By far the best way to get to know this charming old island town is on foot. Lose yourself in the maze of small streets and passageways flanked by centuries-old houses. Wander down to the harbor for magnificent views, with the Austrian shoreline and mountains close by to the east. Just 13 km (8 miles) away, they are nearer than the Swiss mountains visible to the southwest.
Lindau was made a Free Imperial City within the Holy
Roman Empire in 1275. It had developed as a fishing settlement and then spent hundreds of years as a trading center along the route between the rich lands of Swabia and Italy. The Lindauer Bote, an important stagecoach service between Germany and Italy in the 18th and 19th centuries, was based here; Goethe traveled via this service on his first visit to Italy in 1788. The stagecoach was revived a few years ago, carrying passengers on a 13-day journey to Italy. This service only runs occasionally—ask at the Lindau tourist office.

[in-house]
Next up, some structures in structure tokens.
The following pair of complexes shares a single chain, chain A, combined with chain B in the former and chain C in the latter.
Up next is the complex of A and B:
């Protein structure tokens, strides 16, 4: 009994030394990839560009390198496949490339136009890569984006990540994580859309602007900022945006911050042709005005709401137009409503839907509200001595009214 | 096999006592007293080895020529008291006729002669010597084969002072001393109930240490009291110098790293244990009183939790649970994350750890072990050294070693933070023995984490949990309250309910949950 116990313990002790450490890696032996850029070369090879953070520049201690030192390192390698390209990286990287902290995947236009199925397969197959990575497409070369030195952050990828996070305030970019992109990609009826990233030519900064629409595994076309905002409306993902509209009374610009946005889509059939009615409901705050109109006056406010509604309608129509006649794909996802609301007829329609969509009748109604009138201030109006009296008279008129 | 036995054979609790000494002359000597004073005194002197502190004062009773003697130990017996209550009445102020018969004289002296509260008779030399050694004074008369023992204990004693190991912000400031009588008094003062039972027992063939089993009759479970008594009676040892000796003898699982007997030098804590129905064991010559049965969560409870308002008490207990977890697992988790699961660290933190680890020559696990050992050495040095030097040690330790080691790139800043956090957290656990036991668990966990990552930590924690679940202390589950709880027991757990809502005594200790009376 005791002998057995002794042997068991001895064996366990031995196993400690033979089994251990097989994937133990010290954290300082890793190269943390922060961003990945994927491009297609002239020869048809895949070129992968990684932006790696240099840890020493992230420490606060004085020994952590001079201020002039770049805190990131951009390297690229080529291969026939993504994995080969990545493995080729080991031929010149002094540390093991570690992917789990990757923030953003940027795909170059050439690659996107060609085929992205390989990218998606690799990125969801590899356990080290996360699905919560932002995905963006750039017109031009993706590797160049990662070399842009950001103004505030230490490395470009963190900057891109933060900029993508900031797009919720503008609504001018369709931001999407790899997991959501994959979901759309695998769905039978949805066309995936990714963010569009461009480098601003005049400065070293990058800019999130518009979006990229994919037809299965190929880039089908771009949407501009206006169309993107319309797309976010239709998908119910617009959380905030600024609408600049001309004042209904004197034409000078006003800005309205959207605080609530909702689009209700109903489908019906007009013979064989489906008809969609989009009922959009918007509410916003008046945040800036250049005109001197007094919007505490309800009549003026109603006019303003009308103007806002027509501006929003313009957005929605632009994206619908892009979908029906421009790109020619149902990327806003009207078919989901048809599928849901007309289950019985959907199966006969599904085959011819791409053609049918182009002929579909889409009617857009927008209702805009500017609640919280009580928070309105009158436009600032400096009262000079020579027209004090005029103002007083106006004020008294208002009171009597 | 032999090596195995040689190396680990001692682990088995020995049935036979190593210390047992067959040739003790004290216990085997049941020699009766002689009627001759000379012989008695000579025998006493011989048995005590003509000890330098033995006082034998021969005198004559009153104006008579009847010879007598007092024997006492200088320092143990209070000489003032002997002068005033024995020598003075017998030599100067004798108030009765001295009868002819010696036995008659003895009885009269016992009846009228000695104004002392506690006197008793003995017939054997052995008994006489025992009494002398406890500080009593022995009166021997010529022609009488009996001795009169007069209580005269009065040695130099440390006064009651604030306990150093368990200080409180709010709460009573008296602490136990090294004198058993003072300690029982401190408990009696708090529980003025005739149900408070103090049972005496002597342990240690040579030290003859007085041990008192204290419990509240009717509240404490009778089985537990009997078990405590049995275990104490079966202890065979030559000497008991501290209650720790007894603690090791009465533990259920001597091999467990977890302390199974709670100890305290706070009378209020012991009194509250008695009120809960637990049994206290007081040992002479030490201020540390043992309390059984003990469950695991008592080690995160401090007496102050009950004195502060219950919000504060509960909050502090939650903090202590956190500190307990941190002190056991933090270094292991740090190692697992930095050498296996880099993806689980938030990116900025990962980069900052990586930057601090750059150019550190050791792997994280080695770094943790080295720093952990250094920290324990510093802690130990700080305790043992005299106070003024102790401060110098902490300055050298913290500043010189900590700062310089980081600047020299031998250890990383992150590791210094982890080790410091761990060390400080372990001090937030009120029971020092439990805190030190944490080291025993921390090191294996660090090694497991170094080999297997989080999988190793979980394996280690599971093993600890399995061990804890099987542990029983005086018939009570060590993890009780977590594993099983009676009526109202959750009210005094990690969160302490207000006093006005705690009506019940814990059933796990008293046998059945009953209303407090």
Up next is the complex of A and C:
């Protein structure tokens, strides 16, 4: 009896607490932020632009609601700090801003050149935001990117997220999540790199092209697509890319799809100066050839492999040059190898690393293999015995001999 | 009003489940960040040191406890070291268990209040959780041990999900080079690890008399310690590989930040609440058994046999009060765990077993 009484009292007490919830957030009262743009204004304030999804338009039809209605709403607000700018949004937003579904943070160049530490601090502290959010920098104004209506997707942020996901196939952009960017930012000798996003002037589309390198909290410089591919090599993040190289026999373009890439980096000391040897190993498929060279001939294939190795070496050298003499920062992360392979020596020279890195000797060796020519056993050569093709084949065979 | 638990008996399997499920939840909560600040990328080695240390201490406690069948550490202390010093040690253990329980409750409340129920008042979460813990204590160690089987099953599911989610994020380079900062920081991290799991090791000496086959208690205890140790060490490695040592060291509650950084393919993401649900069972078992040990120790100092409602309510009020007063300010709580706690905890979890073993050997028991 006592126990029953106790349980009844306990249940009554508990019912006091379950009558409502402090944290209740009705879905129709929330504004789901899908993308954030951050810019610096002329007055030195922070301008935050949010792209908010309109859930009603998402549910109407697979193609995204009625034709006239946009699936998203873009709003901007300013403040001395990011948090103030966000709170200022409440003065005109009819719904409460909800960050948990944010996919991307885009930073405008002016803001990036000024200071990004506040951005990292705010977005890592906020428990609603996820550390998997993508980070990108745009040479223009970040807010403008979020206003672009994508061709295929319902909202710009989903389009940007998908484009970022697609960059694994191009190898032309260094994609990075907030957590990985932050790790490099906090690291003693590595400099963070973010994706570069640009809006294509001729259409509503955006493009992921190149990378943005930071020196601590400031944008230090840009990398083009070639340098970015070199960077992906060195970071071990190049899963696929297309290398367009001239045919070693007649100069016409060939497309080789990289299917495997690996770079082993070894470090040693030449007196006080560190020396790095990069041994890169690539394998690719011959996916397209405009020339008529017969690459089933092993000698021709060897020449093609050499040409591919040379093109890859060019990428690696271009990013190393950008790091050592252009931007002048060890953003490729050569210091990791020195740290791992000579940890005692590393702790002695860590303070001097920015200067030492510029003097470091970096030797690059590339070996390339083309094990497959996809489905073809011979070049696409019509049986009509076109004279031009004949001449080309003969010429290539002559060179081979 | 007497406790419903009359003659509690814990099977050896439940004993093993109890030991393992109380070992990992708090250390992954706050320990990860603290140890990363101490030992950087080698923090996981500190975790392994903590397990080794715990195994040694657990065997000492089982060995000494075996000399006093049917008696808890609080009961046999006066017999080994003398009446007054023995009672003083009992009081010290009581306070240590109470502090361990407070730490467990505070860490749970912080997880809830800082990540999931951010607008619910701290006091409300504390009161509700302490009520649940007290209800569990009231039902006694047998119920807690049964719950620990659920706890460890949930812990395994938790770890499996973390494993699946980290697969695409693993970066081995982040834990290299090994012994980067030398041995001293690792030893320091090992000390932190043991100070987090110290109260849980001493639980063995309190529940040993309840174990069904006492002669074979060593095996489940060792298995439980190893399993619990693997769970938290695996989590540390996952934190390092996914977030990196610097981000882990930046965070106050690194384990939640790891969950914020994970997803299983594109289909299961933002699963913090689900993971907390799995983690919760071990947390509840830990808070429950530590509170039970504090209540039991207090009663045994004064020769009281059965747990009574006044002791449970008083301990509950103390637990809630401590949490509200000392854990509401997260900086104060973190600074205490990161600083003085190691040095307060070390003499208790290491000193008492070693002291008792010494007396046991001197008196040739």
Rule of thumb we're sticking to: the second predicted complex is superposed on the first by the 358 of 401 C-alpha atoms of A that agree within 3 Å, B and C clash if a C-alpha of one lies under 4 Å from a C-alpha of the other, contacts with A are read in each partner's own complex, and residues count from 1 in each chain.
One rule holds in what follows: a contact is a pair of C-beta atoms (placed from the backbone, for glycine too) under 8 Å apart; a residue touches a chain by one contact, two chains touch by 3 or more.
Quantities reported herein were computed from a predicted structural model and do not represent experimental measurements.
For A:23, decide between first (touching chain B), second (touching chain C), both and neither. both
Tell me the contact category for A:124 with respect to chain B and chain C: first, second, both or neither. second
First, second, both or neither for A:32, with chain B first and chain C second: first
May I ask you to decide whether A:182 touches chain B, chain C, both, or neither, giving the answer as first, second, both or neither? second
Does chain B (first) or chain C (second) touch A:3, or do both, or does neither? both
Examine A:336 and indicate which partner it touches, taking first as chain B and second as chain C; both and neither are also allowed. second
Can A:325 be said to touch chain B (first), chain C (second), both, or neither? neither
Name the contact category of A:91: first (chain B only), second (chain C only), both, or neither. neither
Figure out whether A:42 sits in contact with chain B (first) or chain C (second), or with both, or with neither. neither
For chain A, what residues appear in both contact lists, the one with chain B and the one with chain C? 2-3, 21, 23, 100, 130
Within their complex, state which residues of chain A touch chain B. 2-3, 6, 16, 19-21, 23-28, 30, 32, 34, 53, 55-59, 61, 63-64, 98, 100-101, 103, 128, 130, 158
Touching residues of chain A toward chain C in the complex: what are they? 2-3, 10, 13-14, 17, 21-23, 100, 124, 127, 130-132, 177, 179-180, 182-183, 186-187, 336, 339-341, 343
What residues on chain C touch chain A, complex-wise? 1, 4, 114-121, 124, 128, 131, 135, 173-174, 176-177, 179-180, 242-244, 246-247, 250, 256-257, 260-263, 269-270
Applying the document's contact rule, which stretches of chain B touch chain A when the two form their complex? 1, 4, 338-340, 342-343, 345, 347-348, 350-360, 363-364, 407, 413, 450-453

As the German empire crumbled toward the end of the 18th century, battered by Napoléon's revolutionary armies, Lindau fell victim to competing political groups. It was ruled by the Austrian Empire before passing into Bavarian control in 1805. Lindau's harbor was rebuilt in 1856.